My C-section Diary: The Good, The Bad, and The Ugly

at

 

As we anticipate the arrival of baby Olive I start to get more and more anxious about having my third C-section.

You would think by the third C-section I would be a pro at it, but I’m not even close.

C-sections absolutely should not be taken lightly. A C-section is major abdominal surgery. I feel like sometimes C-section mommas are looked at a little differently. Almost as though I didn’t work as hard for my babies to be here. Yes, I was able to schedule the surgery and walk in with fixed hair and makeup (don’t judge, I’m meeting someone very important), but let me tell you C-sections are HARD. The anxiety towards the surgery is unbearable and the recovery after is not easy and hinders your bonding time with your new addition.

My story

All C-section mommas have different reasons for needing a C-section, and those reasons should never be questioned. I hear so many people inquiring on why I don’t try to do a VBAC (vaginal birth after cesarean). First off, it’s really no one’s business and lastly because of the risk. My doctor said I only have a 20% chance of being successful at a VBAC. I have multiple risks factors, such as two previous C-sections, my last one only being 3 years ago and I have a curved pelvic bone, aka the reason we were put in this position in the first place. I labored with Ryder for 25 hours before my doctor gave me the “it’s just not going to happen” face.

Before the Surgery

You will get to schedule your C-section for 39 weeks and not a day sooner. I originally thought about waiting to go into labor naturally. But after a lot of thought and talking out the risks of an emergency C-section we will go on and schedule it right at 39 weeks. Depending on how your hospital’s scheduling works and your OB’s schedule you will probably get to schedule the big day around 34-35 weeks! Be sure to schedule it for the morning since you will not be allowed to eat the night before.

The Big Day

You will probably be full of jitters and on the edge of crying all morning if you are like me! The morning of Jett’s C-section I went into surgery actually having contractions. Needless to say, that was added fun. Be sure to leave your wedding rings and metal jewelry at home They will not allow you to have any metal on in the operating room, not even a bobby pin!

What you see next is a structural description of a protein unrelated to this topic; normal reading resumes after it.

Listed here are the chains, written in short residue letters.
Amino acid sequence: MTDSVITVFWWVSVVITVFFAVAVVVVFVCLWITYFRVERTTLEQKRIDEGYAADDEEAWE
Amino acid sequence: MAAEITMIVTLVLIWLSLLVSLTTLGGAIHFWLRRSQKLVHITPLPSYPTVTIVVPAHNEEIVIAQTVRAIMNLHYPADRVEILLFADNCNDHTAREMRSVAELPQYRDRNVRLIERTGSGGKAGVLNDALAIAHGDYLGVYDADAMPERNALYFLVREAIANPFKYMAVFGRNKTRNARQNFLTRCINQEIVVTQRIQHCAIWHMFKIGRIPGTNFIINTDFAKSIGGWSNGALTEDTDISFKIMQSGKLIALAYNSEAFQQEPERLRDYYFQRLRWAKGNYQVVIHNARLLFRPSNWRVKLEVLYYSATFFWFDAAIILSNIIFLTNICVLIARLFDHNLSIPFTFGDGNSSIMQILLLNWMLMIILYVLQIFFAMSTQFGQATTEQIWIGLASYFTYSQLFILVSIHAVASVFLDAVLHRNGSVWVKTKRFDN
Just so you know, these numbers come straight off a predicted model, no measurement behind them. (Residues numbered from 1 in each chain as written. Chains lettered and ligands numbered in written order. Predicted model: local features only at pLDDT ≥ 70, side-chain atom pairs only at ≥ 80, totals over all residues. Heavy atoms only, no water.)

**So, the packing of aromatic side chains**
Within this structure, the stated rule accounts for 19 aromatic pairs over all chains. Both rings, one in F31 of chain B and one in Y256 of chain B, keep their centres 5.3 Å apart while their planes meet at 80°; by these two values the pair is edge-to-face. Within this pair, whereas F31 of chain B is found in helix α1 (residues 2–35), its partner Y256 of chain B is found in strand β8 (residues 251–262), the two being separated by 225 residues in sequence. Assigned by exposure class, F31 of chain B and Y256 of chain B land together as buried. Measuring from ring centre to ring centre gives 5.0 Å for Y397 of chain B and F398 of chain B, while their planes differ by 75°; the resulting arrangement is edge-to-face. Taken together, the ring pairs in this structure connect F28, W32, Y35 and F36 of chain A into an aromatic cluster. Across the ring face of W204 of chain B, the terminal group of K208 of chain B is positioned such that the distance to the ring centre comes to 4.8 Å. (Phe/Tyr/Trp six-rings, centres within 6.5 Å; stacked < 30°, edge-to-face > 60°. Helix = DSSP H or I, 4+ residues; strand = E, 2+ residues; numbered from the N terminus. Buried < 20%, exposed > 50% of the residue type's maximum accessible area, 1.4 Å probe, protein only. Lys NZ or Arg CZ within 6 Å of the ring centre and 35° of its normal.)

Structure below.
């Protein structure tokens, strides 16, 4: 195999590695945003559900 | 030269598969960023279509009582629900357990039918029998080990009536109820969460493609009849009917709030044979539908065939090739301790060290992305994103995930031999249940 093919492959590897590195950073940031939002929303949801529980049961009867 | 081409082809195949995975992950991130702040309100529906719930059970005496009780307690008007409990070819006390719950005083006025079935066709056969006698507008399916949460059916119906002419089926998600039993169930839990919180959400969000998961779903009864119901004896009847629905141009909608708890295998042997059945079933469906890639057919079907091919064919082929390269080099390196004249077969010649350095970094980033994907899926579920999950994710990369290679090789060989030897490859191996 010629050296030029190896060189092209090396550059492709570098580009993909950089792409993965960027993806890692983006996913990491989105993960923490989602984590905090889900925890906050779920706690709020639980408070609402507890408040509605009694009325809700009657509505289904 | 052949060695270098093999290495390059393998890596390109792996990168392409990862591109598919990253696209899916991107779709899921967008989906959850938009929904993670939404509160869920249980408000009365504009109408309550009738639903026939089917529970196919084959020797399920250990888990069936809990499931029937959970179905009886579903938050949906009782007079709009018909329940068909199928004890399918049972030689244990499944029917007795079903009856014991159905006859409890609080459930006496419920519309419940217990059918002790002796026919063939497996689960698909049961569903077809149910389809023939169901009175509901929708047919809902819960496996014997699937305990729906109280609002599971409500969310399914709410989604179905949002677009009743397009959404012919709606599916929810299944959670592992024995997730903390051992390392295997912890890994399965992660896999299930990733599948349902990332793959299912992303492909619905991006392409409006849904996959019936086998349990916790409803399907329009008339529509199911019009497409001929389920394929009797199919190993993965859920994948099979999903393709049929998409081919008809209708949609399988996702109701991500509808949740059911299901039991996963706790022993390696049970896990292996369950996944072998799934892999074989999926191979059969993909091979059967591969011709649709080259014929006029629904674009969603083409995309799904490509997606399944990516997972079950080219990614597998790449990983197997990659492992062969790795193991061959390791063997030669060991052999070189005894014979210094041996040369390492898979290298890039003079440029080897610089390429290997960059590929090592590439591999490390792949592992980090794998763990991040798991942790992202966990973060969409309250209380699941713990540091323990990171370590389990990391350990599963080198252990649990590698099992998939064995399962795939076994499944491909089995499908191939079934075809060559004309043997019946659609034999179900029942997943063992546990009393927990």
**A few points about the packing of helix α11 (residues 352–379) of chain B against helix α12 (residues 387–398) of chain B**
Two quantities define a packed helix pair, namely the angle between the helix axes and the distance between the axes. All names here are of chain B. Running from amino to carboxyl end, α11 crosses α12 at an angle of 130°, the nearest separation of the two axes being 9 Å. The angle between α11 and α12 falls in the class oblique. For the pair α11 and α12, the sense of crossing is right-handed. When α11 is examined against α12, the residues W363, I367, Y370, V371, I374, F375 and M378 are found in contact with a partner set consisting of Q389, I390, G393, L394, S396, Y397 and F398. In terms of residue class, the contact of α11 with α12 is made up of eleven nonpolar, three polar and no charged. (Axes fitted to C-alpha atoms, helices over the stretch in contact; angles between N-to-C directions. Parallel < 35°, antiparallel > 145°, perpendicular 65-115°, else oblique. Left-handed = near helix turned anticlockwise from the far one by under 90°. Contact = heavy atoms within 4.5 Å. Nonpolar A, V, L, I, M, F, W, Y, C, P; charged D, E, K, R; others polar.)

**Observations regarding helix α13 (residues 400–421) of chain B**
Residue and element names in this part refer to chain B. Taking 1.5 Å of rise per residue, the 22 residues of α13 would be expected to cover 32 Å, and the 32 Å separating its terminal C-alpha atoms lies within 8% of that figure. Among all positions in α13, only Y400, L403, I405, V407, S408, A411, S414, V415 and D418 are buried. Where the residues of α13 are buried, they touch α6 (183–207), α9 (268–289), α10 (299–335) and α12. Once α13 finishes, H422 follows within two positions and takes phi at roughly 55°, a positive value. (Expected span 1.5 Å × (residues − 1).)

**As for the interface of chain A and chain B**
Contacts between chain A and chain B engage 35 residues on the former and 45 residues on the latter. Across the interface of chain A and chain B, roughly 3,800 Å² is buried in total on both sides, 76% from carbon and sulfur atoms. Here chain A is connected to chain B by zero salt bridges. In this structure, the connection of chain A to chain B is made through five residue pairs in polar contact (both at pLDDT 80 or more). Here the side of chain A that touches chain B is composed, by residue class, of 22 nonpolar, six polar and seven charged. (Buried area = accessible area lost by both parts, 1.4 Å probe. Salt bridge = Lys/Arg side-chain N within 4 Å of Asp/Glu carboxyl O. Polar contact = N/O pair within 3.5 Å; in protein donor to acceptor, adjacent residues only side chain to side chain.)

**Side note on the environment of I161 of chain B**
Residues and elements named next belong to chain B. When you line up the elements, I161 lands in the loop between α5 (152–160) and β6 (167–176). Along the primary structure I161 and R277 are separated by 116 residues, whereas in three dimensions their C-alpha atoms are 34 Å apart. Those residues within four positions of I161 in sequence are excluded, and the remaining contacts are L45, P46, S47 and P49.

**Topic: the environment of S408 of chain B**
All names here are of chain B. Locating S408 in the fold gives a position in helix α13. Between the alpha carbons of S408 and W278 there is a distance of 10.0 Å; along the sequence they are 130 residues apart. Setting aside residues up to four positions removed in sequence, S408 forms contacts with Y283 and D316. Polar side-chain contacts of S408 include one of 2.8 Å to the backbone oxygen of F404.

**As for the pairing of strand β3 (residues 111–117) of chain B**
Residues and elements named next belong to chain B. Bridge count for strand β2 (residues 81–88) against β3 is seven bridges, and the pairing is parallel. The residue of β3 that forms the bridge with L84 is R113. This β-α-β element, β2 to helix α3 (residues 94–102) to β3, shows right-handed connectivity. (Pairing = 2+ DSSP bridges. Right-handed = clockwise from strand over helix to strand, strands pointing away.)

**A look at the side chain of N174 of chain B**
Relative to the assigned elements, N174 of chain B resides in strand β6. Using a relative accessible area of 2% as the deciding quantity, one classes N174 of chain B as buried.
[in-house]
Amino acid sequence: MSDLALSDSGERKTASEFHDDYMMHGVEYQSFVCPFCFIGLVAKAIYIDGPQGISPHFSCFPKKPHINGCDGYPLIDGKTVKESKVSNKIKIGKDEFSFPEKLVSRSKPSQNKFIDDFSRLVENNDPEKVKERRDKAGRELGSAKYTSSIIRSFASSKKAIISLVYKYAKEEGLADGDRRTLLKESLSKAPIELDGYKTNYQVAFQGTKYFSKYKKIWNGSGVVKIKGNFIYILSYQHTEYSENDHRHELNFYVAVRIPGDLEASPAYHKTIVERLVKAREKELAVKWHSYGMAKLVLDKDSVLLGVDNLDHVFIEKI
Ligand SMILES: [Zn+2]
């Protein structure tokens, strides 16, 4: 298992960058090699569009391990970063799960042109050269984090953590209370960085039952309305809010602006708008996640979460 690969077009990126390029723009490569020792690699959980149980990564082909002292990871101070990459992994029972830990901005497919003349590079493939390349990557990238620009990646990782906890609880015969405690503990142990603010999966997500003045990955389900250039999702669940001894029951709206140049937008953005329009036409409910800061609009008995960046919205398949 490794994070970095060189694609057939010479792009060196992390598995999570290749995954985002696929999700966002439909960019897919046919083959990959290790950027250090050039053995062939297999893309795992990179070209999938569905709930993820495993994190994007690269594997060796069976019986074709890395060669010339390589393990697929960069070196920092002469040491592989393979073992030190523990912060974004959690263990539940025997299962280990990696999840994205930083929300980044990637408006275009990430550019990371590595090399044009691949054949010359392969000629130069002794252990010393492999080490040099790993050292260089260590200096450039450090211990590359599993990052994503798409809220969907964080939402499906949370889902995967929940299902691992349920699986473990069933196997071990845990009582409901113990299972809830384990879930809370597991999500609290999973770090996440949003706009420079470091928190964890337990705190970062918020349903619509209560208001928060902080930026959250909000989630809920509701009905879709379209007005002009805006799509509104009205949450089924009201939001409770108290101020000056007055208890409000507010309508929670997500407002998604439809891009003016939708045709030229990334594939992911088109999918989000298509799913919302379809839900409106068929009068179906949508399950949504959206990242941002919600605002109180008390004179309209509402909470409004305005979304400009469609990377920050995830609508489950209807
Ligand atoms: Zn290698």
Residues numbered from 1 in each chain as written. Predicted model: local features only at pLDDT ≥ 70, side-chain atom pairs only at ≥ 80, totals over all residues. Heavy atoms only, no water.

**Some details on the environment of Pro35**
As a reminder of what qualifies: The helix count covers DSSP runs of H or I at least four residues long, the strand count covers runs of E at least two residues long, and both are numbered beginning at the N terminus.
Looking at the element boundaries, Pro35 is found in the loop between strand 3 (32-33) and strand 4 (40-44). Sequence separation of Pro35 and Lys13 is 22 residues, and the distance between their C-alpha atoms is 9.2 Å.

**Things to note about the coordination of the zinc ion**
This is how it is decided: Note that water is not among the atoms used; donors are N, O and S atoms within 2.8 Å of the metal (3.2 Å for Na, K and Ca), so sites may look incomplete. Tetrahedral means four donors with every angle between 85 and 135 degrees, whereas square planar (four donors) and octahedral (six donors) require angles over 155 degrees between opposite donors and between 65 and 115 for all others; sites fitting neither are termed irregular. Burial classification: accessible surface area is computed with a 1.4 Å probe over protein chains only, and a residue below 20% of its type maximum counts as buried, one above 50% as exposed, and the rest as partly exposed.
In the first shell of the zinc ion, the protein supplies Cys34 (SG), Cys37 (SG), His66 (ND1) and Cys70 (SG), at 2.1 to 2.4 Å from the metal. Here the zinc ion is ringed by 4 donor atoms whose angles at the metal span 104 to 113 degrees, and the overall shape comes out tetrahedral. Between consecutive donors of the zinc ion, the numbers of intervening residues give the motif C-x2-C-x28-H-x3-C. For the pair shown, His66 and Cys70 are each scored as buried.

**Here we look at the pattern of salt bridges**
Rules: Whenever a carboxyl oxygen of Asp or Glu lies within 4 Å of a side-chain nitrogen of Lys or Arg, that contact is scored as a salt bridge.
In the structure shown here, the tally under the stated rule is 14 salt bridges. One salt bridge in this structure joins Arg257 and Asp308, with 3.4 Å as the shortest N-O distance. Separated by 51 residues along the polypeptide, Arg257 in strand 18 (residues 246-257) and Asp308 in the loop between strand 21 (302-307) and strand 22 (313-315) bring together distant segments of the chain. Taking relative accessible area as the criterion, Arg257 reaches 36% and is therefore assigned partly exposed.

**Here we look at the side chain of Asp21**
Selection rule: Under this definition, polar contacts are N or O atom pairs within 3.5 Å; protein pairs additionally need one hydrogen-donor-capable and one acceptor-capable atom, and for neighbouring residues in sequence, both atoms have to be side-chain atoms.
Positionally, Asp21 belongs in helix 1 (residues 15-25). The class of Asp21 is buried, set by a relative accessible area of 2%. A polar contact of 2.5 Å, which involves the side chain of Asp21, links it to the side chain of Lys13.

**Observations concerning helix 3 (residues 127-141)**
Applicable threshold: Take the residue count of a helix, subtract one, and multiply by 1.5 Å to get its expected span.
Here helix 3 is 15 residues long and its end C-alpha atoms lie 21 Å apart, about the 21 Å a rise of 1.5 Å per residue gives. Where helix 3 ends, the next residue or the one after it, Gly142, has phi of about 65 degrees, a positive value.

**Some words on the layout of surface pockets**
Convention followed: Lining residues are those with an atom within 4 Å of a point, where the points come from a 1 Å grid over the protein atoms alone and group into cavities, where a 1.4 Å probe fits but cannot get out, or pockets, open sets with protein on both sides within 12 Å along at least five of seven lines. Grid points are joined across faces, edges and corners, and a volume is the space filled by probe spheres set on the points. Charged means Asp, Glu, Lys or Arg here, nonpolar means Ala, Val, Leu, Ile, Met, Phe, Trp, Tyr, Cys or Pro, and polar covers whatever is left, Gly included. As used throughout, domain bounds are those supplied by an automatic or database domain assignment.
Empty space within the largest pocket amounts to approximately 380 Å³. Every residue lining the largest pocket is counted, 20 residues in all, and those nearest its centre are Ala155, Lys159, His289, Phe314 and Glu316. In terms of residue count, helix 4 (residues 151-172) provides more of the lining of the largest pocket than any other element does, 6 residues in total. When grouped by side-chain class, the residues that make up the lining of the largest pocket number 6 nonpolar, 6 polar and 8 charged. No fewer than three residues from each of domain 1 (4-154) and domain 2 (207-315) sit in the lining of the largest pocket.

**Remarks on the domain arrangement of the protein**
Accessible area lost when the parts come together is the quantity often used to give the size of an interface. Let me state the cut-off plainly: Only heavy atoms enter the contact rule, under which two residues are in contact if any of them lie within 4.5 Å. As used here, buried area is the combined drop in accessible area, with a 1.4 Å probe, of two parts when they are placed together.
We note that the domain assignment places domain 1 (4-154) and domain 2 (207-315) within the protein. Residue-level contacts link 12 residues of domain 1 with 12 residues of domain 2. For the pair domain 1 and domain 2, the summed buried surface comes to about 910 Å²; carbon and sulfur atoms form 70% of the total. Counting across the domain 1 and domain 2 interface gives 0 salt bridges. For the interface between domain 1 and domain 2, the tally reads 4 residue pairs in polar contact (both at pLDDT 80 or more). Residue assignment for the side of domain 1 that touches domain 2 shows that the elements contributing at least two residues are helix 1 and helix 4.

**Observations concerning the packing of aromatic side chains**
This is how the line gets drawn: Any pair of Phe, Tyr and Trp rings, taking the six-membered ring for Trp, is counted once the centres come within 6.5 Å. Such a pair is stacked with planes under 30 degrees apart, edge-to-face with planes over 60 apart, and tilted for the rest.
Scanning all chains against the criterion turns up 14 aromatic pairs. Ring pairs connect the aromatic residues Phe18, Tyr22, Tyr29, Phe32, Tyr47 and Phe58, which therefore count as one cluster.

You will be placed in a pre op room for about 45 minutes where they will monitor the baby and ask you millions of questions. The anesthesiologist will come in and briefly talk to you and answer any questions, your doctor will also come in to check on you.

The Surgery

Your partner will be given their surgery gear. As they are rolling you off to the OR, your partner will get changed. Sadly, most hospitals will not allow your partner to be in the room while they are giving you the spinal block. For me the spinal is the roughest part of the surgery. I always get really nauseous immediately after the spinal. Communicate what you are feeling the anesthesiologist. He can work his magic to get you comfortable. Oxygen also helps a lot. Before they cut, they will catheterize you and shave you (one less thing to worry about).

Once the surgery begins, talk to your partner. If you are quiet that’s when you will hear things, which aren’t the most pleasant of sounds. They will cut right above your pubic bone. You will not really feel anything, maybe a little pressure and light pushing here and there but nothing major. The surgery itself takes about 15 minutes and then another 30 minutes to stitch you up.

You will get to see your precious bundle right away. Once the baby is out and the cord is cut they will be cleaned up and swaddled, then immediately handed to you and your partner for the rest of the surgery, which will make the rest of the surgery go much faster.

Post Op